The Spirit of Helpfulness
Sometimes we have a really good experience as a customer or consumer and it really makes a difference. We want to tell others because we have had such a positive experience. Maybe our problem was solved or a solution suggested and the people involved did all in their power to help you.
Recently, I had occasion to bring our hoover to get fixed. I Googled places that did hoover repairs for the make of hoover we had and I arrived at AMC Repairs on the Holywood Road in Belfast. Upon examination, the engineer told me the machine could not be repaired. It was broken beyond fixing. This wasn’t great news to receive, but the lady was so helpful in suggesting different models as an alternative. She took a great length of time and trouble to Google each one, checking their availability in various retailers in Northern Ireland and making recommendations based on her knowledge and experience. Her knowledge was encyclopaedic and she, and her sister and her dad, who run the business, could not have been more helpful.
Even though they didn’t sell machines themselves, they offered to service our new machine when it arrived and was in need of maintenance. They suggested certain things we might do to keep it going as well as possible for as long as possible. They asked if, rather than dump the old and broken machine, they might take it and find parts off it that they could pass on to people in difficult circumstances who might not be able to afford a new machine as they did repairs. My sense as a customer was that, despite not spending any money on this visit, they just wanted to do everything they could to help me. They wanted to offer their wisdom, knowledge and advice and I know where I want to go to get the new machine serviced when the time comes.
Readers of this blog will know I have a great admiration for the fitness coach, Joe Wicks, who did PE classes for the nation during the various lockdowns of the pandemic. Last week, I watched a documentary on the BBC iPlayer about his childhood. He had a difficult time growing up with both his parents suffering from mental health problems and his Dad struggling also with drug addiction. These painful experiences have given him an incredible drive to help people with their fitness and mental health. He often records voice notes on his phone to send to individuals who are in a bad place with their mental health. It was very moving to see his genuine desire to help as many people as possible, often spending 7 or 8 hours recording these personalised messages so people don’t feel alone in their struggle.
As many people from our Church community will be aware, we are hoping to welcome a family from Ukraine to live in our local community on Thursday. The Church has acted as sponsors for this family of 5 from Mariupol. The whole process has been quite a learning curve and, while it has been slow, I’ve been very touched by how helpful people have been to us.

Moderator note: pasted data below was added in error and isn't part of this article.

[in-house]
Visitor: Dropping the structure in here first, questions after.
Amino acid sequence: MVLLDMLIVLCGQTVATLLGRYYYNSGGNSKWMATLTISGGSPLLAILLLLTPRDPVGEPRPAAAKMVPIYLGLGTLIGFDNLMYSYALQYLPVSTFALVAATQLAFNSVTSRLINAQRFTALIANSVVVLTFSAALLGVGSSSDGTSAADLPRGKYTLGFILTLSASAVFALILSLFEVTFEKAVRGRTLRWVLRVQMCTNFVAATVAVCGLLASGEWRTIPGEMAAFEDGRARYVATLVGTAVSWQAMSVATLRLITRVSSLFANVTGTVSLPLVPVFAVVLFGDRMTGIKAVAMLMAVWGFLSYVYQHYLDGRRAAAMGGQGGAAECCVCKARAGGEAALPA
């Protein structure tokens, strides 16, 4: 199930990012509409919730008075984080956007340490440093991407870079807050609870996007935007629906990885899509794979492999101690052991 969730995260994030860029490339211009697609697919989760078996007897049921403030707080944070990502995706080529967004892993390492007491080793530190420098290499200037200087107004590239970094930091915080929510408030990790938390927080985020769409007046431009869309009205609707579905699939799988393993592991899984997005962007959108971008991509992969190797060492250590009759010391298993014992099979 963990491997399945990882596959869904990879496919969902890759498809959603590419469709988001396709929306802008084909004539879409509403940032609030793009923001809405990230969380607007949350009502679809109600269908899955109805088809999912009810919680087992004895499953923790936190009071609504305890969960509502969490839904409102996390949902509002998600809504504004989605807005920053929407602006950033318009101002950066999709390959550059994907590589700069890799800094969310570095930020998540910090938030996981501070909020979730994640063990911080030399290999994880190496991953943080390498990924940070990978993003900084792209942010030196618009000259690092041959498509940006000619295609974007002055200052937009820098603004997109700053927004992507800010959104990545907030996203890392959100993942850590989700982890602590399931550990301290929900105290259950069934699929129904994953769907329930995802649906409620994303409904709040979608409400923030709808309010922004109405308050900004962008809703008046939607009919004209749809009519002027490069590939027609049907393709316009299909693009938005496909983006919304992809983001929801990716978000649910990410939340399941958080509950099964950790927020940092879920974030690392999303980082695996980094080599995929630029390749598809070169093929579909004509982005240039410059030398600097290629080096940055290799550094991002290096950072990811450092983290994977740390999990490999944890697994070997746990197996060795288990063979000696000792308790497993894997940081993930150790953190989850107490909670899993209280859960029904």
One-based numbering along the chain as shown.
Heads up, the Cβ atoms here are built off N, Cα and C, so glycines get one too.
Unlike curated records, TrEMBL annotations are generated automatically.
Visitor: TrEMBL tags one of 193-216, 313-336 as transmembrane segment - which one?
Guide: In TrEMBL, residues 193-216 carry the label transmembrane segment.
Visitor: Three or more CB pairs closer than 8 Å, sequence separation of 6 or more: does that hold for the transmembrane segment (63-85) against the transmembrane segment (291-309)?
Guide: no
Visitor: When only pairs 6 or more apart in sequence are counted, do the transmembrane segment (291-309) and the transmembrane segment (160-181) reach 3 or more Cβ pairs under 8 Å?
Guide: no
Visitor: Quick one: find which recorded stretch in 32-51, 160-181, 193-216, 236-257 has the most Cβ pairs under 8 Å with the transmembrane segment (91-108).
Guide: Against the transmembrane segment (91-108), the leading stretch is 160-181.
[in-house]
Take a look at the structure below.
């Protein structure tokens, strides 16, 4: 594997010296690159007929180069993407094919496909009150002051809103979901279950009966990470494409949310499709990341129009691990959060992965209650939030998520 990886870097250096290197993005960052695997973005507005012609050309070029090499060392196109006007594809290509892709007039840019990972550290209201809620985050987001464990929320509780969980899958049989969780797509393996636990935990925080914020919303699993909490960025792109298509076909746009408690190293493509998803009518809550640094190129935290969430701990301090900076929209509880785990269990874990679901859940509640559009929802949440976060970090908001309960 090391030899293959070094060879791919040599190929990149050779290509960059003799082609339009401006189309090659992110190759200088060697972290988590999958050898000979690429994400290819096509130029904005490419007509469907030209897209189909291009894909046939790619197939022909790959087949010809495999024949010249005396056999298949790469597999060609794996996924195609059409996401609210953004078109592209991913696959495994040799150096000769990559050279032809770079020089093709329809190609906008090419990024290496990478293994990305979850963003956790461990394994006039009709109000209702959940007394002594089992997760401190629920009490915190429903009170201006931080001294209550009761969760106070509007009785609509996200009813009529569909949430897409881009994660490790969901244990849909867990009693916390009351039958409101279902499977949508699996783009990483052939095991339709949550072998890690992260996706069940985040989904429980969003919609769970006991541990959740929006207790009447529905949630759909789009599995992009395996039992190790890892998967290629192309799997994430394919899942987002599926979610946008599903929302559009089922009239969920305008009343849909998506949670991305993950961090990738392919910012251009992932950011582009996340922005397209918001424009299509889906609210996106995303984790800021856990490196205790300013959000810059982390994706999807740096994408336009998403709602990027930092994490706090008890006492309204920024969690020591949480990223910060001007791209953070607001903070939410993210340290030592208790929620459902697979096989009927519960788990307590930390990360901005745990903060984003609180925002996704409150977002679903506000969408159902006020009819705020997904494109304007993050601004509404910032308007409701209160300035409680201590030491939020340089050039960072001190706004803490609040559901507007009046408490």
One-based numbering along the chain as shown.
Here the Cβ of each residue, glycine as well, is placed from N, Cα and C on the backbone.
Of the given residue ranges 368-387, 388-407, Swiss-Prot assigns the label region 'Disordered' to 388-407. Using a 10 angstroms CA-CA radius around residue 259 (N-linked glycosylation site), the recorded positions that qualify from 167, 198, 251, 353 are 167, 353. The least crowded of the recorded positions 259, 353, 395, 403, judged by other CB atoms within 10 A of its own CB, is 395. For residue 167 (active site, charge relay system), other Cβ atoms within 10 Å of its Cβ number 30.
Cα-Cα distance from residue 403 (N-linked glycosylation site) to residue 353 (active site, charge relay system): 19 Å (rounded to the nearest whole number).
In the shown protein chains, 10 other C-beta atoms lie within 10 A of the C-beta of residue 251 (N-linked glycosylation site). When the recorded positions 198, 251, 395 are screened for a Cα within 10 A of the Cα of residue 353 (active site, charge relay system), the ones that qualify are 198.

One of the complexities for our family is the importation of their cat, which travelled with them on their perilous journey.
I was put in touch with a most helpful man called Ron who had done something similar for the family he had welcomed. I couldn’t believe the amount of trouble he went to sending me forms, giving me the telephone numbers of various officials who had been helpful in the department of agriculture, making me aware of the steps in the process. He gave me advice about which airlines I could use and potential routes and did everything he possibly could to share his wisdom and experience. What a special thing it is to receive such helpfulness.
As I think about people like Joe Wicks reaching out to people with mental health problems, or my friends in the Hoover repair shop, or Ron and the community trying to welcome refugees from Ukraine, I wonder have they a great deal to teach the ‘church without walls’?
St. Paul, in his letter to the Galatians, speaks about how, when we bear one anothers burdens, we fulfil the law of Christ. Earlier today, I did some training on mental health awareness with The Church of Ireland initiative Mind Matters. It was helpful in heightening awareness of just how many people struggle with our mental health. Up to 1 in 4 adults will experience some challenges in their mental health, according to statistics. The Church is uniquely positioned, in terms of our involvement with one another through groups and organisations, to look out for one another. How can we look for those opportunities to be helpful and share something useful or positive with those who might be looking for some help or advice?
In most of the interactions I have described, I went in with low expectations wondering if someone might have answers to my queries. I left with a great deal more than I anticipated. Can we as the ‘church without walls’ exceed expectations by being exceptionally helpful and encouraging in our dealings with people?
I’m conscious of so many people who give so much, whether it’s providing a safe space to mums and toddlers and grandparents, whether it’s hosting events that bring great joy and community, like church services or meetings or organisations so many people are involved. I think of community projects, foodbanks, choirs, and the parish office, all sorts of things our parishioners are involved in as vounteers and do in Jesus’s name. Let’s think of very practical things, like praying for each other when we hear of people in distress.
Let’s seek to keep the spirit of helpfulness to the forefront of our thinking and attitudes as St. Paul encourages us to do. It’s such a transformative thing to offer to a world that is weary and exhausted.
Looking forward to the parish picnic as we celebrate the Queen’s platinum jubilee this weekend.
Much love to everyone,
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